The goal of this study is to present the utility of quantitative modeling for extrapolation of drug safety and efficacy to underrepresented populations in controlled clinical trials. To illustrate this, the stepwise development of an integrated disease/pharmacokinetics/pharmacodynamics model of antipyretic efficacy of ibuprofen in children with cystic fibrosis (CF) is presented along with therapy optimization suggestions.
Published clinical trials, in vitro data and drug physiochemical properties were used to develop an ibuprofen-mediated antipyresis model for febrile children also having CF. Workflow included first developing a mechanistic absorption model using in vitro-in vivo extrapolation followed by physiologically-based pharmacokinetic (PBPK) modeling. The verified PBPK model was then scaled to pediatric patients with CF. Once verified, the PBPK model was linked to an indirect response model of antipyresis for simulation of the overall antipyretic efficacy of ibuprofen in CF children.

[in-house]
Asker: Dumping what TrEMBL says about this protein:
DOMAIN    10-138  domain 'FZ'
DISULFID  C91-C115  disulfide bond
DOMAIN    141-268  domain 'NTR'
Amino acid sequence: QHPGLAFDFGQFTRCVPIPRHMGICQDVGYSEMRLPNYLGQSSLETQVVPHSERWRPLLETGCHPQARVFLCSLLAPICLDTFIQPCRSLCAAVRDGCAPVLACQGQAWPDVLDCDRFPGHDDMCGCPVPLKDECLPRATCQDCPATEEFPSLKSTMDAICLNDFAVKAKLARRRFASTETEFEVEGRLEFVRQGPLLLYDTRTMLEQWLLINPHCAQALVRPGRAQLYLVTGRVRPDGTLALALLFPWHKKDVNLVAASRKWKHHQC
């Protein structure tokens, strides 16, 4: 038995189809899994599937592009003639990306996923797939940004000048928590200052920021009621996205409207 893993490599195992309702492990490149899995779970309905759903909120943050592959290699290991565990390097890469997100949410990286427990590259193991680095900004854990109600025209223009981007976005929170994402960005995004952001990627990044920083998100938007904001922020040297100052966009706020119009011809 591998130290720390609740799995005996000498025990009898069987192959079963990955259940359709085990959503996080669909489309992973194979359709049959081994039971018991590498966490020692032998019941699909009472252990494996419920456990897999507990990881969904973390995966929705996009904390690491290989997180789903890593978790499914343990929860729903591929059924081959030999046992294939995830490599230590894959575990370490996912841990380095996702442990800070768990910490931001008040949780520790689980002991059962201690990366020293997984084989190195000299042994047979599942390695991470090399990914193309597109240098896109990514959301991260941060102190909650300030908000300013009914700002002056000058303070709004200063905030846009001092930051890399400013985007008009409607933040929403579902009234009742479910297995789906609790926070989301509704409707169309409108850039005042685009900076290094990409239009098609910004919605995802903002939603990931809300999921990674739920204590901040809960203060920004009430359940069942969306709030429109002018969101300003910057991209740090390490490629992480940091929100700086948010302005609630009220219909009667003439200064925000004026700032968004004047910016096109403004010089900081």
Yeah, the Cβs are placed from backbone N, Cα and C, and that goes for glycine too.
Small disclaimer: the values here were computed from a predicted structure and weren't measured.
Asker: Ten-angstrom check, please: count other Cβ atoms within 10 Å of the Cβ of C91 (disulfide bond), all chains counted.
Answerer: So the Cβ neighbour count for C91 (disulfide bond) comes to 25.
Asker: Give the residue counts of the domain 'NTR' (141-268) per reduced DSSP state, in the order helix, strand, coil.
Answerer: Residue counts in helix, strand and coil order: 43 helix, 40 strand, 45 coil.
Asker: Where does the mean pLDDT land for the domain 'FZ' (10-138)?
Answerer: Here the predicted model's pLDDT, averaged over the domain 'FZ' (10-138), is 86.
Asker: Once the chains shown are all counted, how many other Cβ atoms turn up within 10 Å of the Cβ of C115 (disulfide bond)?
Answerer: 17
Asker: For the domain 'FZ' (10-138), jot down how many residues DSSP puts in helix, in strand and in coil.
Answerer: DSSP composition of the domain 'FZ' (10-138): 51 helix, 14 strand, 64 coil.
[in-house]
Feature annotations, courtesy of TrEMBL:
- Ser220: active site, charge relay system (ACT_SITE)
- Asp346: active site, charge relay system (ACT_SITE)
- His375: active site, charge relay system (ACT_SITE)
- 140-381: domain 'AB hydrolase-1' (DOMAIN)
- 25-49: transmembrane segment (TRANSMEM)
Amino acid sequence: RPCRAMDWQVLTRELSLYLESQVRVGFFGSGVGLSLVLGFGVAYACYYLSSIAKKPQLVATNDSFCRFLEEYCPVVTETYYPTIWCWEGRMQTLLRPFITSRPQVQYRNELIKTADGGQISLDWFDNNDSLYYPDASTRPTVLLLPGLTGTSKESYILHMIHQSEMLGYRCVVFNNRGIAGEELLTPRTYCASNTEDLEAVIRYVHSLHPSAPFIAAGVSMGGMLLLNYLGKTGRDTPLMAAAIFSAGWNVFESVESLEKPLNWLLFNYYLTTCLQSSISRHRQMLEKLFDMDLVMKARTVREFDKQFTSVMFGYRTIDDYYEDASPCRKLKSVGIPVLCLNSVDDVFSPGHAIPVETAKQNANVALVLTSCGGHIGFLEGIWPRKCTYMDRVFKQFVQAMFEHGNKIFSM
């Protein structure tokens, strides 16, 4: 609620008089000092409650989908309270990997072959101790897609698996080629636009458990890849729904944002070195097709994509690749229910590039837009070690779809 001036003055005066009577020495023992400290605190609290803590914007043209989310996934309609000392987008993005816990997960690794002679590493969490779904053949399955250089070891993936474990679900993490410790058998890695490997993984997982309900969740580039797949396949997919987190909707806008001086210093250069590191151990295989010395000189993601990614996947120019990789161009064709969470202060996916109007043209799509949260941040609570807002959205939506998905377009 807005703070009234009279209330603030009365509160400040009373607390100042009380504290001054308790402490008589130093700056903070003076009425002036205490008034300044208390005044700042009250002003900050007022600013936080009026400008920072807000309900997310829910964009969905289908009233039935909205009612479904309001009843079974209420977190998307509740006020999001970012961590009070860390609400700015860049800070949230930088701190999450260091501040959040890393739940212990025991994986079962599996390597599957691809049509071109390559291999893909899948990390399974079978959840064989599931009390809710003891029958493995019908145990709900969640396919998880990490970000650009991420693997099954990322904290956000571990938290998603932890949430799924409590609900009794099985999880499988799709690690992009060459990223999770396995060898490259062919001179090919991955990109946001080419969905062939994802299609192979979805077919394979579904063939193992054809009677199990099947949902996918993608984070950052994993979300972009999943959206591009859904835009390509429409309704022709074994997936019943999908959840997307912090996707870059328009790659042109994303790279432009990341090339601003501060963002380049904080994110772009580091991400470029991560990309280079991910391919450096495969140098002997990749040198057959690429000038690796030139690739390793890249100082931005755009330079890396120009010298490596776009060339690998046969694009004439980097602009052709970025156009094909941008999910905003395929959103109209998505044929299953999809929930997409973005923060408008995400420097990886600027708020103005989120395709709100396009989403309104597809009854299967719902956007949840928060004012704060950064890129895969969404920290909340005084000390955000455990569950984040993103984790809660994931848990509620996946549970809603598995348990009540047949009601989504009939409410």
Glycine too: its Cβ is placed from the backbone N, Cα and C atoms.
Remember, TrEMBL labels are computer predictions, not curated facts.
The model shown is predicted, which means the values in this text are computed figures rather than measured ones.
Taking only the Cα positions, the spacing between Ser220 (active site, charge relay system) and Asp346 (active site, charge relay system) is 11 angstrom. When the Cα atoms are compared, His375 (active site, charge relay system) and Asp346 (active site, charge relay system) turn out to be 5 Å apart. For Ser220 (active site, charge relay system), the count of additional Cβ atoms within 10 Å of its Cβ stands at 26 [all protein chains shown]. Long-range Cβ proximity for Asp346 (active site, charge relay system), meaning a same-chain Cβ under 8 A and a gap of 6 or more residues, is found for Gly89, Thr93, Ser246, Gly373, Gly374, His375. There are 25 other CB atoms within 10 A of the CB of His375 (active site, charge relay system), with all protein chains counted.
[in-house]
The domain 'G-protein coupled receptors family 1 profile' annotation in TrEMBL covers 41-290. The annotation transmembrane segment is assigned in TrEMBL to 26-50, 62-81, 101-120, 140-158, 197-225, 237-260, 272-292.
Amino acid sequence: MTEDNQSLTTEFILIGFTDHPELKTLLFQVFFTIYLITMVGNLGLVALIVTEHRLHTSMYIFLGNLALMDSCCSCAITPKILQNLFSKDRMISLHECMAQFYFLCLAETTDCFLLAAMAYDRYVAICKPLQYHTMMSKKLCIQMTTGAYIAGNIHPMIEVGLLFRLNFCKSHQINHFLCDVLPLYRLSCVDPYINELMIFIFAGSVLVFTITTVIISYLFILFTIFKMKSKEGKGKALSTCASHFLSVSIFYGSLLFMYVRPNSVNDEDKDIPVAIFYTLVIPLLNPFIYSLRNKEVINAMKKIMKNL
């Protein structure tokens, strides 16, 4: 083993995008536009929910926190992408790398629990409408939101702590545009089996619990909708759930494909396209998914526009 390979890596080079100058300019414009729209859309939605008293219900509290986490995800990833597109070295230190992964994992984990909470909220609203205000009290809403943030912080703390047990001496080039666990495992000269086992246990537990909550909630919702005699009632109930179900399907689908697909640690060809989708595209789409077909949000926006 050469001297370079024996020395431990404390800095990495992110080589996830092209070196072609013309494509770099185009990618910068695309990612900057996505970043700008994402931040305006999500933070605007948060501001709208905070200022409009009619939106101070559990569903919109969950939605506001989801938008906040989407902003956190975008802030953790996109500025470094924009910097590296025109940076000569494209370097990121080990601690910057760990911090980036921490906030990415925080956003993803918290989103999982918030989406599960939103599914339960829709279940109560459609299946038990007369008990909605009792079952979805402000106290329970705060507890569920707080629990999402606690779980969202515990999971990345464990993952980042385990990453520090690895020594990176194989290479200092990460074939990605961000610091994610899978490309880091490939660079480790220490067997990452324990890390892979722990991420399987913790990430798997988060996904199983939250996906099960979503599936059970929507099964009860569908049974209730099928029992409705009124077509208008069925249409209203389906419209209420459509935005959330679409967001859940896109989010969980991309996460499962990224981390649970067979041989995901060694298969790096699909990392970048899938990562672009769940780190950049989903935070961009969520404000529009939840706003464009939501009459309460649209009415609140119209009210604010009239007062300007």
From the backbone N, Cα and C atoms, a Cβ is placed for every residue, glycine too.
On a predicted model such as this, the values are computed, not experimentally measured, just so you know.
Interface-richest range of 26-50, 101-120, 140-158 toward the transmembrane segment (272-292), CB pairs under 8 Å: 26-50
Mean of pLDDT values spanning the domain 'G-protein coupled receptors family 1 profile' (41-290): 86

Model simulations showed therapeutic inequivalence between healthy children and pediatric patients with CF; C and AUC decreased by 39% (32-46%) and 44% (36-52%), respectively, in patients. Further and in agreement with literature reports, predicted pharmacodynamics time courses suggest a slower onset and faster offset of action in patients compared to healthy children, 30 and 60 minutes, respectively. Exploratory simulations suggest an increase in dosing frequency for CF children as a better therapeutic strategy.
Model-informed approaches to leveraging knowledge obtained throughout the life cycle of drug development may play a key role in extrapolating drug efficacy and safety to underrepresented populations.

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